There has been quite a hub-bub about the dangers of hybrids because they are more quiet than internal combustion motivated vehicles. The National Federation of the Blind (NFB) naturally takes these matters quite seriously and in the Spring of 2007 approached SAE International about the problem. Minds can now be put to rest because, according to a press release issued by the SAE, decisive action has been taken.

Immediately following the request, the SAE International Motor Vehicle Council asked the Hybrid Electric Vehicle (HEV) Technical Committee to look into the problem. It was quickly discerned that they lacked the necessary skill sets to offer an expedient solution so they expeditiously passed it to the SAE Safety & Human Factors Committee. They promptly decided to form the Vehicle Sound for Pedestrians (VSP) subcommittee. The VSP speedily created three different "Task Forces" to further aid in determining the technical issues of who the benefit should target, which sounds would achieve the most desired and least desired effects and "what combination of vehicle conditions, vehicle status, and ambient conditions are required." The Task Forces will be meeting independently and reporting back to the VSP subcommittee on a monthly basis. We can be rest assured that the VSP subcommittee plans to issue a technical report or recommended practice by the end of 2008. You can read the press release after the jump for all the exciting details.

If the speed of the effort being put forth by the SAE isn't reassuring enough you will be happy to hear that various governments are also getting involved. the state of Maryland has already announced it is taking action and just today, Representatives Edolphus "Ed" Towns (D-NY) and Cliff Stearns (R-FL) introduced a bill called "The Pedestrian Safety Enhancement Act of 2008" which requires the Secretary of Transportation to conduct a study on how to protect the blind and others from being injured or killed by vehicles using hybrid, electric, and other silent engine technologies.

While we wait for the outcome of the various studies, recommendations and legislation we suggest people take care around pedestrian traffic, sighted or otherwise.


Press Release"

SAE Vehicle Sound for Pedestrians (VSP) Subcommittee

April 9, 2008 9:43 AM EDT

Background:

In the spring of 2007, SAE International was approached by the National Federation of the Blind (NFB) regarding a concern about visually-impaired pedestrians involved in traffic incidents with hybrid vehicles. The concern focused on the quiet operation of hybrid vehicles at low speeds.

Based on the NFB's request, SAE International Motor Vehicle Council asked the Hybrid Electric Vehicle (HEV) Technical Committee to study this concern. The HEV technical committee concluded that this concern did merit more study, but recognized that it required different expertise than the members of that committee could provide.

The responsibility for this issue was then transferred to the SAE Safety & Human Factors Committee, which formed the Vehicle Sound for Pedestrians (VSP) subcommittee at its November 2007 meeting. The VSP subcommittee was formed and has met monthly in 2008. This subcommittee is made up of stakeholders from several different backgrounds and organizations including: representatives of the blind community, government agencies, academics and automakers.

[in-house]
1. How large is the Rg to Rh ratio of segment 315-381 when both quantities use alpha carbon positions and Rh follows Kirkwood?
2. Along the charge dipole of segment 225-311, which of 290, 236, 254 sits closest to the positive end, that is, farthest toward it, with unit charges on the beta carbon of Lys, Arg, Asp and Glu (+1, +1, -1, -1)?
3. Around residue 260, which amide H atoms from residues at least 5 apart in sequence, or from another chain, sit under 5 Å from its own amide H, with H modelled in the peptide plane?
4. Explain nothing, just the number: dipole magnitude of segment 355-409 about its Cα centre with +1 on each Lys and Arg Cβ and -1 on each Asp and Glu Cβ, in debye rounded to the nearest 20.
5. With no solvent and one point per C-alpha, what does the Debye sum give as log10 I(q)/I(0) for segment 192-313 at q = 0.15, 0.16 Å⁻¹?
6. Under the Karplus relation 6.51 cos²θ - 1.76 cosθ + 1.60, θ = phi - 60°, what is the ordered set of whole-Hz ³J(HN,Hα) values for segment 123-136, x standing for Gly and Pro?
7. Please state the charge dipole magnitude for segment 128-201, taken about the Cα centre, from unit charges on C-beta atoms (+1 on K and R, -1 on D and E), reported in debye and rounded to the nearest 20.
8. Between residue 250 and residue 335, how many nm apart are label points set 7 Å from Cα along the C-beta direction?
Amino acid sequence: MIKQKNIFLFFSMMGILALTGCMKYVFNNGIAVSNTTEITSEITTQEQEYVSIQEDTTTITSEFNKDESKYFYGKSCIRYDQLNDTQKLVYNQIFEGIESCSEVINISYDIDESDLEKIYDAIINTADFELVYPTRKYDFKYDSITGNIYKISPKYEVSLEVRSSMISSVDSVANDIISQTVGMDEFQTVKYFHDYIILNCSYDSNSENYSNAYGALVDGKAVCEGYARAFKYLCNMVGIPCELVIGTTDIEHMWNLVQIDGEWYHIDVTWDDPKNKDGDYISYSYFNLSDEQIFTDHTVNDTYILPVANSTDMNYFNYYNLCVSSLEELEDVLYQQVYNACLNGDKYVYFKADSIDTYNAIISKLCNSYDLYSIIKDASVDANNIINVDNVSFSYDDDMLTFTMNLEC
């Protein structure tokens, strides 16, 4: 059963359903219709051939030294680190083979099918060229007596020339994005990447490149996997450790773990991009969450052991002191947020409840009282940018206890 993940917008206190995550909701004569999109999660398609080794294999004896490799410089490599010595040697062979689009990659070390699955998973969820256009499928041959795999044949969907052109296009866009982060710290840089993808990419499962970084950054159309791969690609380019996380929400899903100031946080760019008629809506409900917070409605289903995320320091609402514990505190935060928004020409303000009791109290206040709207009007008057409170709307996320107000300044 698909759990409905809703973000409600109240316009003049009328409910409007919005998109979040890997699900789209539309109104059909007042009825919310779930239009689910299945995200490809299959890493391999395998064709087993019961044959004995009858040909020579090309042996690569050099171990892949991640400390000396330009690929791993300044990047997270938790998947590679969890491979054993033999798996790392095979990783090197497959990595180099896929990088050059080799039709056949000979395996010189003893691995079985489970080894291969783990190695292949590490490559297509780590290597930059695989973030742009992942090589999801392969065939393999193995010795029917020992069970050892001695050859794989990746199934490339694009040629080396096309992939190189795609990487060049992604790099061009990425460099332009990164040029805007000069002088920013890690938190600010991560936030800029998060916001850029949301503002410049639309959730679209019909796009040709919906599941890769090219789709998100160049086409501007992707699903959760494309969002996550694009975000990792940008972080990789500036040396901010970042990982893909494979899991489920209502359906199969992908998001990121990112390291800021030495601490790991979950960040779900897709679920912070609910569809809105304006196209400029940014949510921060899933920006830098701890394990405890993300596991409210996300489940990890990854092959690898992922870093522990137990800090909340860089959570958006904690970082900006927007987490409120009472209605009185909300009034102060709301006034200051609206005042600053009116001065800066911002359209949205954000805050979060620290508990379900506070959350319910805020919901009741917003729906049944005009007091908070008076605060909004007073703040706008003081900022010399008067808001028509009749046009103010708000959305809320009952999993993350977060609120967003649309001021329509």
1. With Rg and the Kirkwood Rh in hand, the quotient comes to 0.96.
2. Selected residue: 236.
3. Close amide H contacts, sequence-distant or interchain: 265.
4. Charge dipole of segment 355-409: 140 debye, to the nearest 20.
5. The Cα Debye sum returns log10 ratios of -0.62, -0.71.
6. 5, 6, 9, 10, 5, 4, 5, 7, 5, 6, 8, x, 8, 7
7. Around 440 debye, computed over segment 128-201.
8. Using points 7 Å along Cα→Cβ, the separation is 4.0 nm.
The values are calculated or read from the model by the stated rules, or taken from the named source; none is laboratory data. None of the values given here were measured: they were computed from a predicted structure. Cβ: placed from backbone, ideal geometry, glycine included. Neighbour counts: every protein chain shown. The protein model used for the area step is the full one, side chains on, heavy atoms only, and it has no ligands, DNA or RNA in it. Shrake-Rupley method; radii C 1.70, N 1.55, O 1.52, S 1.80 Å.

Current Status:

The VSP subcommittee created three Task Forces to gather technical information to assist in determining the technical issues:

-- Audience for the Specification (who is the targeted beneficiary)

-- Target sound level and type of sound (what types of sounds are necessary to achieve the desired effect, and what types of sound will achieve the desired effect with the least undesirable and unintended consequences)

-- Driving Conditions for the sound (what combination of vehicle conditions, vehicle status, and ambient conditions are required)

These Task Forces meet independently and report back at the monthly subcommittee meetings.

The VSP subcommittee is first working to accurately define this issue. While working to define the issues, the subcommittee also is working to understand the conditions where these types of incidents are likely to occur (example: alley and street intersections; at stop lights, etc.) As these factors are better understood, the subcommittee will propose and evaluate different methods and/or countermeasures to address the issues.

Even though the subcommittee's initial focus is only on hybrid vehicles, any data collected or generated in understanding the issues could eventually include other vehicle types besides hybrids.

By following a systematic approach to this concern, using the "best available" information, understanding the incident problem by identifying the underlying conditions and/or scenarios, while cooperating with stakeholders from different backgrounds and points of view; we believe this subcommittee is well positioned to address the technical concerns quickly -- as long as data can support the issue(s) and the most promising subset of countermeasures can be identified.

We recognize that any output from this subcommittee must both address the issues, and minimize the creation of new concerns, unintended consequences, or burden on others.

The VSP subcommittee plans to issue a technical report or recommended practice by the end of 2008 based on its analysis of pedestrian safety issues related to the quiet operation of hybrid vehicles and its identification and evaluation of potential countermeasures to address these issues. By involving a diverse mix of experts and stakeholders and gathering available data or researching new areas as needed, this group is addressing the pedestrian safety concerns associated with hybrid vehicles in a technically sound and responsible manner.

[Source: NFB / Street Insider]